One book that exists on the topic is “Racing to Greet the Sun: Jerrie Mock and Joan Merriam Smith Duel to Become the First Woman to Fly Solo Around the World" . Her  rescued book will focus more on the Joan side of the story (by her grandma). Tiffany transcribed some of her grandmother’s tape recordings into a book -  Before and Behind the Iron Curtain available as an E-Book. The recordings had a purpose and Tiffany rescued them.

Life began again for Jack.  At first with a dismal outlook.  Then Vietnam. Then Washington DC, and Montgomery and he met Martha. She gave him hope and purpose. They were virtually newlyweds when he took command of USS O’Callahan, which is where I met him in late 1971.  As a very green Ensign. At that point I think they had one very young child. They also have a son.

Jack had already taken the ship into combat supporting troops ashore and his next task was to get the ship refitted with upgrades for the next deployment, and the next C.O.  

He was a commander at that point with over 20 years service. He began his Navy career in WW2, enlisted and worked the entire war without combat - working with a team to develop drone bombers.

Having command of a ship and engaging the ship in combat filled a gap inside him that existed from WW2. My own combat deployment followed in 1972 with Capt. Bill Dunham as Commanding Officer. Jack had a few more years with the Navy and consulting with shipbuilding in Pascagoula, MS. His children were raised mostly in MIssissippi. His daughter Karen, is a graduate of Ol' Miss.
Jack and Martha retired to Prattville, AL.

My Karen and Jack's Karen with Jack at IHOP in Prattville

Karen and I remembered Martha as the genteel Southern Lady, a young mom, whom we met at the Smith’s home in San Diego.  Karen especially appreciated the “sound of home” since Martha spoke the same language of the South
as she. It tugs the heart to see Martha struggle now with frailties.  The children and grand-kids are always up for a visit - even from Spain - and bring comfort to a Southern Mom.

Besides savoring visits from family, Jack is an active volunteer builder for Habitat for Humanity. He does this several days a week. One or two days a week he plays golf. He is deeply involved with his church. He and a group of men have been meeting for a prayer breakfast in Prattville for over 30 years now. He actually missed the breakfast this time to share breakfast with Karen and I and his daughter, Karen. We did have a blessing. And we had a short prayer to commission a few copies of our ship's crest on a coin.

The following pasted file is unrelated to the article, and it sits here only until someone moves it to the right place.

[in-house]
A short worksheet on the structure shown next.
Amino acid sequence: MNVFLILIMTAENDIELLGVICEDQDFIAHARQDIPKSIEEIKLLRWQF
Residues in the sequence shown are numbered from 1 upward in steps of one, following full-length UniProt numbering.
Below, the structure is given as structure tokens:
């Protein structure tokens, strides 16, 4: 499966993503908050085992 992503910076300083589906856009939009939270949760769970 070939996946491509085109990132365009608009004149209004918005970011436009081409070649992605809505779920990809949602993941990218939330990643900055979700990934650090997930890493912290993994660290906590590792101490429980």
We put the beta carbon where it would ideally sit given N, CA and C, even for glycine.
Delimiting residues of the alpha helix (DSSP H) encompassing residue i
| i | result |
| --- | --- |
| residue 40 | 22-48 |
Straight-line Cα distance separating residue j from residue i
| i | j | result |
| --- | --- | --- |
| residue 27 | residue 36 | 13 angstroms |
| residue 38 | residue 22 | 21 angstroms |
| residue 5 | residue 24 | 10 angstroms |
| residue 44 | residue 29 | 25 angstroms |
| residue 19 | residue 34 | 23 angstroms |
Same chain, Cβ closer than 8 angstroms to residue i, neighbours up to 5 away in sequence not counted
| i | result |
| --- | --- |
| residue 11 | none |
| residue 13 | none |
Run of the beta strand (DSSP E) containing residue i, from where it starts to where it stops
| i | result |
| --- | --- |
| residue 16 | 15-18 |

(see below)

 All that -- And he cares for Martha.  For someone who ran into so much tragedy in life, he is an example of pushing through.

I and my shipmates who served with him recall him with the greatest admiration.  We can only hope his shadow that we served in, has given us the resolve to be better.  That is what leaders do.

Karen and I enjoyed the breakfast and then motored on over to see Moundville, AL where civilizations came and went in the centuries before Europeans found this paradise.

Here are Jack and Martha a few years ago when Karen and I stopped in for a visit. It was 2011, I think. It was the first time I has seen Capt. Jack since early 1972.

How often can you photo-bomb your C.O?

OK.  I won’t do it again.

The coin .... with the ship's logo and crest of cross and shamrock for Fr. O'Callahan, is used in passing along a prayer for a veteran or anyone who needs a bit of hope.  The "Irish Blessing" is bestowed on the person who says the prayer.  It all connects with a tradition of remembering the USS Franklin and Fr. O'Callahan, since they are tied to the heritage of the USS O'Callahan.

Saturday, August 04, 2018

Loyce Deen Tribute


These numbers are tremendous. We can be proud of our nation.  It should be noted that the Allies in this conflict were sorely tested - far more than the USA.  It is a blank part of our history to understand the total effort from so many nations.  If we count casualties.... Russia is by far and beyond the most affected.  Obviously great losses and efforts by Britain and France and Canada and ANZAKS and more.  But this chart is an indication of the powerhouse of industry our nation contributed to halt the AXIS.  We can be very proud of our country.